• Biased Study The headline in the National Underwriter crowed "Consumers Fearful, Confused on Bank Ins. Sales, Study Finds." It seems that "consumers who buy insurance from banks may be easy prey to a host of misleading and deceptive practices, including coercion and exploitation." Aha! But who commissioned this so-called objective study?
  • Nothing less that the "Independent" Insurance Agents of America. I can only guess the type of slanted questions asked of the 1000 persons called by telephone to generate the results IIAA wanted. It is so obviously trying to keep the banks out of insurance and to obtain scare headlines that it will resort to a blatantly flawed study. The IIAA continues to presume that the consumer desperately requires the succor and assistance of an insurance agent. Even the label "independent" is incorrect. Most agents represent less than five insurers: they are therefore hardly "independent." They seldom recommend mutual or other non-commission-paying insurers. I've always found the consumer far more sophisticated than insurance agents and insurance regulators care to acknowledge. Where an agent sees "coercion," the buyer sees convenience. I argued this point in Risk Management Reports in 1983 (See "Banking and Insurance," RMR, Sept./Oct. 1983), at the start of the distribution revolution in financial services. The key elements remain fiscal integrity, response to changing needs, reduced regulation and enhanced competition, not the protection of entrenched systems. Now, after fourteen years, the changes are starting to occur. I already deal with a bank owned by an insurance company, and I see that a Maine bank, Peoples Heritage Financial group, has recently acquired an insurance agency, Morse, Payson & Noyes. Exploitation and coercion are not the issues: competition, cost and convenience are.

  • DVT I finally have an excuse to fly business or first class (as long as someone else is willing to pay!). New studies show that passengers in steerage, squashed into inhumanly narrow and constricted spaces, are more likely to develop "deep vein thrombosis (DVT) and potentially lethal blood clots. Not only that, but the tilt of these seats (35 degrees) is apparently the exact incline used by sadistic inquisitors to deprive victims of sleep! Having had my knees jammed by the back of the recliner ahead of me and my elbows glued to my sides for five hours flying across country several months ago, my travel terms are now "First or Nothing!"

    It is as illogical to regard insurers as motivated to achieve risk reduction as to believe that bookmakers are in business to eliminate horse-racing.

    Chris Best, Foresight, March 1997

    The Eternal Apostrophe
    The apostrophe in the English language has always caused grammatical indecision. When should we use an apostrophe with "its?" What is a correct possessive? When I started in consulting in 1957, we referred to "workman's compensation" and later "workmen's" compensation." As women flooded the workplace, it became "workers' compensation." Still later efficiency experts noted the financial savings derived from dropping the apostrophe - think of all the key strokes saved each year! - and moved to "workers compensation." As a resident pedant and traditionalist I resist what to me is an egregious grammatical error.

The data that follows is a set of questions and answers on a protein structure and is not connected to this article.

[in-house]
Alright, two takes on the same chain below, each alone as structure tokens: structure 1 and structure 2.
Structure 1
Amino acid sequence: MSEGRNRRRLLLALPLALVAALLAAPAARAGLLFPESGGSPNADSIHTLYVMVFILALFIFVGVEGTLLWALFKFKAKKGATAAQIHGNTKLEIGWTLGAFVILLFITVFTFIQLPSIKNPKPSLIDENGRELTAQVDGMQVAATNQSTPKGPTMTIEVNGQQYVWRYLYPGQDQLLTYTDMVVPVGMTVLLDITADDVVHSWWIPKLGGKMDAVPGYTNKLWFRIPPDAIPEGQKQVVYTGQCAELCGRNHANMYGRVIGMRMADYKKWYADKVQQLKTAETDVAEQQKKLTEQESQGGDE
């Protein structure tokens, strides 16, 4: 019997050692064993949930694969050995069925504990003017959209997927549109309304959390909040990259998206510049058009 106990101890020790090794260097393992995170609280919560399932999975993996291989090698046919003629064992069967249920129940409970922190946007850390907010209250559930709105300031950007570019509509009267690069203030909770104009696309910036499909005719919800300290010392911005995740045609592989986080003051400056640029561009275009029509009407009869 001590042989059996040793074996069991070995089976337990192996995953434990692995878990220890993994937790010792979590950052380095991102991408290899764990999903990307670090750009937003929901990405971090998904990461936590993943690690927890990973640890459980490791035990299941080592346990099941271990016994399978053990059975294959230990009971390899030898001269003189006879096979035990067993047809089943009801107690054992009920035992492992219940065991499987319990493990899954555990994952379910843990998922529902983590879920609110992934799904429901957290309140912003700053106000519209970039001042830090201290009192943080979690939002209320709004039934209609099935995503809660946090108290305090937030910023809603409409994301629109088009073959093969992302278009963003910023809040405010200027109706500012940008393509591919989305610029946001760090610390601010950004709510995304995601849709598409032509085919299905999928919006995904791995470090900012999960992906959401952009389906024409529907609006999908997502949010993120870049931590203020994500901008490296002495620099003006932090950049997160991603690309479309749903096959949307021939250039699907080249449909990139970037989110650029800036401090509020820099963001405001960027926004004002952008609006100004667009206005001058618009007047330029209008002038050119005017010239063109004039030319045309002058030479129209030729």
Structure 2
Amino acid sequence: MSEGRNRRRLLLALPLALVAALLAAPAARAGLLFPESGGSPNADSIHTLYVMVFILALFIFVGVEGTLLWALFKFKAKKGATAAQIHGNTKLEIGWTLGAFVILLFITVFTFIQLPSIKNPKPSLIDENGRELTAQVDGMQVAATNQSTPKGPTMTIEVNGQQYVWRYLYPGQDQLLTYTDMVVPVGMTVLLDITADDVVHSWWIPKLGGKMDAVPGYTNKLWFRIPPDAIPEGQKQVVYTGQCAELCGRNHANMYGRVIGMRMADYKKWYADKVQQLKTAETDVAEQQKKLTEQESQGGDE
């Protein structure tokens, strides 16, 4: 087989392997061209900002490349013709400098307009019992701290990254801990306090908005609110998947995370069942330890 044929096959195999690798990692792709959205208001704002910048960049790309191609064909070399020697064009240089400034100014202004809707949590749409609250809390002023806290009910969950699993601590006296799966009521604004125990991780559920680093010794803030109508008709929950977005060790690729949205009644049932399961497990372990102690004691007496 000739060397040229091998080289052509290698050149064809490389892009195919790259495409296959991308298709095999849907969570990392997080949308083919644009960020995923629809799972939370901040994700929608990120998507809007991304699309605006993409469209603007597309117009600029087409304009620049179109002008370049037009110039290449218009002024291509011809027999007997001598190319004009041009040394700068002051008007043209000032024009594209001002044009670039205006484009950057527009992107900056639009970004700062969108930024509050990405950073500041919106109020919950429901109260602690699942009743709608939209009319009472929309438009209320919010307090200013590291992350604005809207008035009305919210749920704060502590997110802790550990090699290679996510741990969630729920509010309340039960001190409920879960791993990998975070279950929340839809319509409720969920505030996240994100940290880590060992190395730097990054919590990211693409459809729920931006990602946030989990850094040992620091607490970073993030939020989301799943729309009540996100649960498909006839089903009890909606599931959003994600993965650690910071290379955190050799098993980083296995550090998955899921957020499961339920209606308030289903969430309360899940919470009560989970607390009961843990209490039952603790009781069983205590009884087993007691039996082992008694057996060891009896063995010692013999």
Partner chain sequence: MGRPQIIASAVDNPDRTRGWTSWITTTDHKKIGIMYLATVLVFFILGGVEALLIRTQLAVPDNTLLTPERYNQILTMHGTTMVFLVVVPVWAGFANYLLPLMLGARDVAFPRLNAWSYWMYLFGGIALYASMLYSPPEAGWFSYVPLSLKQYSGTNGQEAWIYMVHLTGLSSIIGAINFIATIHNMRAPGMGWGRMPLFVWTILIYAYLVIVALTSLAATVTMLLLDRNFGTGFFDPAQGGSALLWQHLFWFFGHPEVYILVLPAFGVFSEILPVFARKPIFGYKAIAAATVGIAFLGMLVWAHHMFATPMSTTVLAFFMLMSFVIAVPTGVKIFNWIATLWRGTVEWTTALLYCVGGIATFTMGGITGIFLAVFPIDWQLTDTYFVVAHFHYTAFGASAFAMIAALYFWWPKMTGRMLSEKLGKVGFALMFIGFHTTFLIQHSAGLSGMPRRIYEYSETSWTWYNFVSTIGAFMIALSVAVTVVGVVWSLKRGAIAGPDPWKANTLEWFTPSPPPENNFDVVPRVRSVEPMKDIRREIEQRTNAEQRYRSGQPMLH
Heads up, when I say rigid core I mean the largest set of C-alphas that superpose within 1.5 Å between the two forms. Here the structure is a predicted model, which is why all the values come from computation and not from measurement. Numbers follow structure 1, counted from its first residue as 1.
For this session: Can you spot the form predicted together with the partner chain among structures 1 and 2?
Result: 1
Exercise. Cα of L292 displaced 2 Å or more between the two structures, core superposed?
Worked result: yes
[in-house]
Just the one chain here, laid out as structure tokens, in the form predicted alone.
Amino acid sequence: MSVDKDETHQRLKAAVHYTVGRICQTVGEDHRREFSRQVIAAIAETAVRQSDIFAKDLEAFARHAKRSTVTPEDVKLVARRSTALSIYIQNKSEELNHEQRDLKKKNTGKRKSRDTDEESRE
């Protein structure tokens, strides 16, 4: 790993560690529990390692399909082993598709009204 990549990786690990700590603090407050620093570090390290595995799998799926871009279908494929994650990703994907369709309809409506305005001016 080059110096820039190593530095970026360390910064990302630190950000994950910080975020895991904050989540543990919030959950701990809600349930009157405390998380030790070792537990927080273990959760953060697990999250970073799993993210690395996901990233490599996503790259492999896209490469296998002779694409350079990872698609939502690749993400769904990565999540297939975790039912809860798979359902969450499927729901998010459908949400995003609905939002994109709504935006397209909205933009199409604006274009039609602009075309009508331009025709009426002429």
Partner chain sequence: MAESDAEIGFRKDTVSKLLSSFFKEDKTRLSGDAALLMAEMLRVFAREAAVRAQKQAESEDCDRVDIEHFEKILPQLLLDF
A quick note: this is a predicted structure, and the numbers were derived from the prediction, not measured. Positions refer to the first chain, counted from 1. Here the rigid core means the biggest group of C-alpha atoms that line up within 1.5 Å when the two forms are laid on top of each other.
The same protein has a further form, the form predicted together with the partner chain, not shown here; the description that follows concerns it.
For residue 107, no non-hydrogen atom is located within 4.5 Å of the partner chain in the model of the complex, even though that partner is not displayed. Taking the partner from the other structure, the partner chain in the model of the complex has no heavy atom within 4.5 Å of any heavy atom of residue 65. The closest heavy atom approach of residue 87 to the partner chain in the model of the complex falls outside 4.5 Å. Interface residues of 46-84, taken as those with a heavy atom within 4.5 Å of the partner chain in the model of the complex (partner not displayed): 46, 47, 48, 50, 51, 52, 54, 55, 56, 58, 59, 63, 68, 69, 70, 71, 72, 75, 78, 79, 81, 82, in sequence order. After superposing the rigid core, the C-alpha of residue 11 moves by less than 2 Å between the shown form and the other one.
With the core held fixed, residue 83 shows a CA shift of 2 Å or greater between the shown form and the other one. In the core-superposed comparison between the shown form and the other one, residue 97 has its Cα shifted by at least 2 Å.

Now comes my mentor and guide, David Warren, with a note from his famous balloon-piercing Uncle Pumblechook. Of course, you remember Uncle Pumblechook, the prosperous corn merchant who forever offered platitudinous advice, from Dickens' (note use of apostrophe) Great Expectations.

    My Uncle Pumblechook is a well educated man. He would never, for example, put an apostrophe in "its" unless it stood for "it is" or "it has." So you can imagine his puzzlement when he saw the state code titled "Workers' Compensation Law."

    "What" he asked me, "does that apostrophe do? Does it mean workers' compensation is compensation possessedby workers - a plural possessive?"

    I said I supposed so.

    "But then why do I see The New York Times and Wall Street Journal writing it "worker's compensation?"

    I replied, "they look on it in the sense that the law does not apply to all workers. It is a law for each worker, but not necessarily all. The noun, therefore, is singular, but is still a possessive."

    "That seems more realistic," said Uncle Pumblechook, "but didn't I see an article in Business Insurance that used "workers compensation," dropping the apostrophe altogether?"

    "You did indeed. Business Insurance hasn't used apostrophes in "workers compensation" for many years - not since Susan Alt threw up her hands, saying that an apostrophe in workers compensation was meaningless."

    Pumblechook was impressed. "Smart woman. With no apostrophe, the true meaning of "compensation for workers" becomes clear. It is not a possessive at all."

    "Not only that," I said, "the generally accepted philosophical principle of Occam's Razor says that if there is more than one way to do a thing, the simplest should be chosen. There is expert opinion supporting all three usages, so why not choose the simplest?"

    "Quite true, Nephew. So do you think we'll see a general acceptance of this common-sense conclusion?"

    "We sure will, Uncle. When, as the Russian folk saying goes, a shrimp learns to whistle."